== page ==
News from the dental profession
For many people, it’s easy to forget pain is not just a medical problem in the sense you see a doctor. Dental problems can cause severe pain and the management of that pain is a matter for the dentist. This does not mean the two professions are independent. There’s no reason why one cannot learn from the other. Pain is pain no matter what the cause.
Let’s start with a slightly unusual gender difference. For most practical purposes, there’s no physical difference in the way the sexes respond to pain. There may be cultural differences with the macho males being less willing to admit feeling pain but, once the messages from the nervous system reach the brain, we all feel pain in the same way. Except the research team at the University of Washington has discovered that the pain associated with some dental conditions changes through the menstrual cycle. It seems the pain grows increasingly severe, reaching its peak during ovulation, and then declines as the hormone levels fall. This led some dentists to believe the pain could be managed through the use of oral contraceptives. The results of a recent trial have now been published. Researchers recruited a group of women with the same dental problem. They were divided in unequal groups. One received oral contraceptives intended to stabilize the hormone levels. The other two received different types of advice. One was specific to the management of pain associated with the menstrual cycle. The final group received a more general cognitive behavioral therapy designed to help them manage all their pain.
There was follow-up at six and twelve months. At both points, the groups receiving continuing support for pain management reported significant improvement over the contraception group. There was no measurable difference in response between behavioral therapy specific to the menstrual cycle and the general advice. It seems any regular contact between patient and a trained therapist is beneficial when combined with literature to teach self-management techniques. This exactly matches the results of comparable studies carried out into the effectiveness of “medical” cognitive behavioral therapy both in the US and the rest of the world. There’s a mountain of evidence that all patients respond well to continuing personal support in the community. All it takes after training sessions is regular telephone contact with a trained therapist offering encouragement and practical tips. All people report a reduction in pain through their own efforts.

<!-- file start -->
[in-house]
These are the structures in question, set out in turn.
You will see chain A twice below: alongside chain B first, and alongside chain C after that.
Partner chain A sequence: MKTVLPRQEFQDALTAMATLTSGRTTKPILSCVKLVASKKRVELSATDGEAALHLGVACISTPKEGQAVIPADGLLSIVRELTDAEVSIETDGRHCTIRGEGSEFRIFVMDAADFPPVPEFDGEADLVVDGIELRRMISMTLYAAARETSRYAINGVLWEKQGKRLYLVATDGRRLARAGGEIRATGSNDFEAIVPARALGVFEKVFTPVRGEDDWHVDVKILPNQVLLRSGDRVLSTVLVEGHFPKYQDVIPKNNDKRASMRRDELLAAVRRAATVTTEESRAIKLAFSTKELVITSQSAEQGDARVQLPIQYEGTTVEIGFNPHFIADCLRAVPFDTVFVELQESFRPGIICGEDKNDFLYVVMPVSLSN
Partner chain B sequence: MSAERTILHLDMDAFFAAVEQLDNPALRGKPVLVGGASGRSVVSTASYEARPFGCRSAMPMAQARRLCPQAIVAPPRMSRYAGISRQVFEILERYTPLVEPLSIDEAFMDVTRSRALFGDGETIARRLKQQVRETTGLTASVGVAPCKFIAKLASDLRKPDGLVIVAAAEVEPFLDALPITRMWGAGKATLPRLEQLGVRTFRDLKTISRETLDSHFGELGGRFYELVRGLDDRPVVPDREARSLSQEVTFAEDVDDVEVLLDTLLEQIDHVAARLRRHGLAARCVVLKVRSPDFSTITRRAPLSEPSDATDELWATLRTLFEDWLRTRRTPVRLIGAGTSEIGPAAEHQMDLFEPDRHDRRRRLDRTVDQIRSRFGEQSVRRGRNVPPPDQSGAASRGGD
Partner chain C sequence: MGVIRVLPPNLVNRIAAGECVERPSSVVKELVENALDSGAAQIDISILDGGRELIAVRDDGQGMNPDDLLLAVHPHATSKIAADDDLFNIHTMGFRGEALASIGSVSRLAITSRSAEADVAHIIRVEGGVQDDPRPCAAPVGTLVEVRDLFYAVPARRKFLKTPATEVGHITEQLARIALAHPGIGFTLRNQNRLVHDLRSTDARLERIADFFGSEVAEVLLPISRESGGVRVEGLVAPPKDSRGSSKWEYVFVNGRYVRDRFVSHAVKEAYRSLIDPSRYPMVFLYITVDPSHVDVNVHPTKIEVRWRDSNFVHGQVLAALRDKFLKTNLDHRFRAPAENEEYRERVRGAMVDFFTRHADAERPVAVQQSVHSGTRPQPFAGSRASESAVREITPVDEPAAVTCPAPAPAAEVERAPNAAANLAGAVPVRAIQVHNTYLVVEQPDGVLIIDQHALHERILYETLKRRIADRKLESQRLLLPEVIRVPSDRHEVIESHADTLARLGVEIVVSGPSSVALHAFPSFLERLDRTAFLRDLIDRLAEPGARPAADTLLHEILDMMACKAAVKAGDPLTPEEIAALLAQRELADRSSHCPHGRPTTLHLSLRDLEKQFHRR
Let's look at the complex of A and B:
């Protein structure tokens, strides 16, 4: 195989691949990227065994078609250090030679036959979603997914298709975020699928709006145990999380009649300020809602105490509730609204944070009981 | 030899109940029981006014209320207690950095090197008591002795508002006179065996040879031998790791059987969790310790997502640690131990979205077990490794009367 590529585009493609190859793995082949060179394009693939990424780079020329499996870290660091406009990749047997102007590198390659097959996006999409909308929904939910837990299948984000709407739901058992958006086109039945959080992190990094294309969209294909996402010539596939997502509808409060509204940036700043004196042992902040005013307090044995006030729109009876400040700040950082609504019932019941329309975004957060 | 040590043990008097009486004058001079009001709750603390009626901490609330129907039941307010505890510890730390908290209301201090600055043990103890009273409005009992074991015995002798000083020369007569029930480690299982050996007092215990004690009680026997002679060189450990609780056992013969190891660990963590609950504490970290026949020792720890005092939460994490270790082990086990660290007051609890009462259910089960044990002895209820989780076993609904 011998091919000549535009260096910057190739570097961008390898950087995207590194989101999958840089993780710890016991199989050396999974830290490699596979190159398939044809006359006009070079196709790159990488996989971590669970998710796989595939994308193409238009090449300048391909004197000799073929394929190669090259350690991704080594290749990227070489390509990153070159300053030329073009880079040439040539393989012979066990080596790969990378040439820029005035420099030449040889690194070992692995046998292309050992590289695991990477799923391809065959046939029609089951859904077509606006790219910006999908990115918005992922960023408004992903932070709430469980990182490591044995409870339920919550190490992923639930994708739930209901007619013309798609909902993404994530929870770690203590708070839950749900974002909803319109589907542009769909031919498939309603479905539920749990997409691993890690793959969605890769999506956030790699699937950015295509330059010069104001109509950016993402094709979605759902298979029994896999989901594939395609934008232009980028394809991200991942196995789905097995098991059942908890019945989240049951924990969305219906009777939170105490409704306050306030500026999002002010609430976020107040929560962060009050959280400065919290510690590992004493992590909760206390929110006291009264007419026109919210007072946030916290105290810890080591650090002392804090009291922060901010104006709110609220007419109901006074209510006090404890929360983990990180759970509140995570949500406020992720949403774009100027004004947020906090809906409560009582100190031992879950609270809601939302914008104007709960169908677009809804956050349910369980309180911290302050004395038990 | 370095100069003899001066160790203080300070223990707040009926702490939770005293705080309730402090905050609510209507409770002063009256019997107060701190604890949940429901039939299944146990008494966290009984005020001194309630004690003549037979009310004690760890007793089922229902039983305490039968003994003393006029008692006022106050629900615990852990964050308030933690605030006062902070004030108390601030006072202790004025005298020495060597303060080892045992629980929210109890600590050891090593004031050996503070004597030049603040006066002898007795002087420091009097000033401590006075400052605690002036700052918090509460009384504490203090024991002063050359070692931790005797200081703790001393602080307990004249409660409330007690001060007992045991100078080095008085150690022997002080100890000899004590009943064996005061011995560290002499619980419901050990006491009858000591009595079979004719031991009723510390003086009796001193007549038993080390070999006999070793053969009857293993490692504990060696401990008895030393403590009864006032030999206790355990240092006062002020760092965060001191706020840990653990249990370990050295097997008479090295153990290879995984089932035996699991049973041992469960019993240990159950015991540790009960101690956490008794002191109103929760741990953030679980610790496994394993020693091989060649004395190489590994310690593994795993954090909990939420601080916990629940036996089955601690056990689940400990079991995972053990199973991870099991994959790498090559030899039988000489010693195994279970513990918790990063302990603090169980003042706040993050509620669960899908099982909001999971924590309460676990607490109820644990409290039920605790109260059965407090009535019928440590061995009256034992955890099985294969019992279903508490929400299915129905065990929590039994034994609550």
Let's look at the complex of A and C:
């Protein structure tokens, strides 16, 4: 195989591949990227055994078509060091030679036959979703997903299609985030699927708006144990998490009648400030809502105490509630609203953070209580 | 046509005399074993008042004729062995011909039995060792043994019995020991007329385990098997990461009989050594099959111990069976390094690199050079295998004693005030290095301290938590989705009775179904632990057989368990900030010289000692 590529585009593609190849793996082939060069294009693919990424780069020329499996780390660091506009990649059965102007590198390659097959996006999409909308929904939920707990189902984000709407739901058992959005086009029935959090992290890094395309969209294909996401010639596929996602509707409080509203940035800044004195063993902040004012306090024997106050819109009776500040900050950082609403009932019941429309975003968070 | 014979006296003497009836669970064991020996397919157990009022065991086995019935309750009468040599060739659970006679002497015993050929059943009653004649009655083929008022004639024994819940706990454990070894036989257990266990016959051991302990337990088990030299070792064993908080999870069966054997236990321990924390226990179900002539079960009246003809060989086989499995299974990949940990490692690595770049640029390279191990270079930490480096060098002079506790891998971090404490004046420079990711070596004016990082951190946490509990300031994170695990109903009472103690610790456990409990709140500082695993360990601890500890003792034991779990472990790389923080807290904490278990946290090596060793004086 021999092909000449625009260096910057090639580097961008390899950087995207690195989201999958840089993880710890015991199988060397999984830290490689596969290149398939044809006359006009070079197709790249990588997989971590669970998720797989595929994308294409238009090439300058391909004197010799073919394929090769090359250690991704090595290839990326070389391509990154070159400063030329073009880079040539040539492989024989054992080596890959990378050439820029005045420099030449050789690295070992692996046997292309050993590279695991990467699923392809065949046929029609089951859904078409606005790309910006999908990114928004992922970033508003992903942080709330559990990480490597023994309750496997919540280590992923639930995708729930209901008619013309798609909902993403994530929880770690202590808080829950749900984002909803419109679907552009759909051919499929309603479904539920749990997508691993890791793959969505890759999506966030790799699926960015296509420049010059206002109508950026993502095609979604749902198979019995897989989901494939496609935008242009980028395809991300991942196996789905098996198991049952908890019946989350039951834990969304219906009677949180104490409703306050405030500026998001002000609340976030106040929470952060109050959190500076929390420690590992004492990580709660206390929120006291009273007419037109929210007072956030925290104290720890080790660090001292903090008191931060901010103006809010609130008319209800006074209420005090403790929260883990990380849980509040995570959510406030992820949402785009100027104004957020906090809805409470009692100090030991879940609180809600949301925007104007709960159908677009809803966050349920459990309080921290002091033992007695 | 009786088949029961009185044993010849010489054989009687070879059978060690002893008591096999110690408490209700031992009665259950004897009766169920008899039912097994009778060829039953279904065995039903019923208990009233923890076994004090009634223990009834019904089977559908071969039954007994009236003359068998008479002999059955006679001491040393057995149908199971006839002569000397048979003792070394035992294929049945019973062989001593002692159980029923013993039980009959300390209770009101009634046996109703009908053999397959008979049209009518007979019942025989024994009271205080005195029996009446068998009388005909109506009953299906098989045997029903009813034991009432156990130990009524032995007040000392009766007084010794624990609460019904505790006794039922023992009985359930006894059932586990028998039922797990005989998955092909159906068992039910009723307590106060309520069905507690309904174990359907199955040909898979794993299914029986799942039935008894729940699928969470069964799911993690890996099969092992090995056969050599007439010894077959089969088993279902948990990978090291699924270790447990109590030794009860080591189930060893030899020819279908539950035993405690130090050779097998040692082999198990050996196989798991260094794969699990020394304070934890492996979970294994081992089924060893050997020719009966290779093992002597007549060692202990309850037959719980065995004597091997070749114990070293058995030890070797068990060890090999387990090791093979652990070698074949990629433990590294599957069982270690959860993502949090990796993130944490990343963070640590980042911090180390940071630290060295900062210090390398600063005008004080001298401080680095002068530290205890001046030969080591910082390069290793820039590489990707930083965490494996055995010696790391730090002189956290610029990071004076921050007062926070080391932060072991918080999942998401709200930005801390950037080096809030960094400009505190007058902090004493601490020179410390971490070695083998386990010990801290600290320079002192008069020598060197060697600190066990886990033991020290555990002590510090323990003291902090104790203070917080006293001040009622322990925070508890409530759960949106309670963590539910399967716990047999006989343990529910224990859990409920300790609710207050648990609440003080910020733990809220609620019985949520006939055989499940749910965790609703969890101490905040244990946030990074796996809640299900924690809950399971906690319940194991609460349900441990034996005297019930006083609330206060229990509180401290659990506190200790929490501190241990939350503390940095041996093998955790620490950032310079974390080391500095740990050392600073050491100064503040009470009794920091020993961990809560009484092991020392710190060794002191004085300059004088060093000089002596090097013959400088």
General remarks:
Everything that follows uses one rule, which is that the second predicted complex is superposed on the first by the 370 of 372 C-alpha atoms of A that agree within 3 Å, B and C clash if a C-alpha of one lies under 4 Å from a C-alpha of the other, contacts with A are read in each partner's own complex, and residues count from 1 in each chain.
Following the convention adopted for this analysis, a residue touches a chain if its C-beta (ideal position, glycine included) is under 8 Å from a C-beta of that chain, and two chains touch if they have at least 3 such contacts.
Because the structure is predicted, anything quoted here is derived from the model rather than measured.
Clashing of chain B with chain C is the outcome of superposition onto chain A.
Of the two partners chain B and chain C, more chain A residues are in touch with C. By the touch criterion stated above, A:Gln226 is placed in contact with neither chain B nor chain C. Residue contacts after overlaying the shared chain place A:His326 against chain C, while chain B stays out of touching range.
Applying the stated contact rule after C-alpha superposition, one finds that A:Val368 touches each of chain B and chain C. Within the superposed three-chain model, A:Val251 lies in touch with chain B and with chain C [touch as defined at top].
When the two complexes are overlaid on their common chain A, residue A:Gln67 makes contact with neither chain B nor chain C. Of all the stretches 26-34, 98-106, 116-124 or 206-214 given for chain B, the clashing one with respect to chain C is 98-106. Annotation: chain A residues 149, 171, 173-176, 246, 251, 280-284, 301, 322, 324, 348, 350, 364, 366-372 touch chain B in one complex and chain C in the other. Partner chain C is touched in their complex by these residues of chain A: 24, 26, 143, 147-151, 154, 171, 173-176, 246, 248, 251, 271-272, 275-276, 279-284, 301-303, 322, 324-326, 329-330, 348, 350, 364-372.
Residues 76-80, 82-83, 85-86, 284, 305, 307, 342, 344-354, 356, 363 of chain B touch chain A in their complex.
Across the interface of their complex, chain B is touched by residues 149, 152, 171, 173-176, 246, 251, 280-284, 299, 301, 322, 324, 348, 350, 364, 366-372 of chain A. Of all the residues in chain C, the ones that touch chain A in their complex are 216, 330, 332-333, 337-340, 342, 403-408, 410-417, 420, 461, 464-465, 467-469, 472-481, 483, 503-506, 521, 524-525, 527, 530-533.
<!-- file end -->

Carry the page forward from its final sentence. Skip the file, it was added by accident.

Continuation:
This is not to deny the use of a drug therapy may be effective in the short term. Indeed, the sole point of the research into the use of oral contraceptives was to test whether the use of a freely available drug might reduce dental pain. That there was no measurable reduction in pain was a “good” result. It suggests more work needs to be done on proving the exact link between the hormone fluctuations during ovulation and sensitivity to pain. It’s entirely possible this work will lead to more general benefits in both the medical and dental fields. While we wait for the results, using Tramadol for pain relief is the standard option if cognitive behavioral therapy is not available or affordable. In the short-term, Tramadol will eliminate the pain.
Posted in TEETH WHITENING.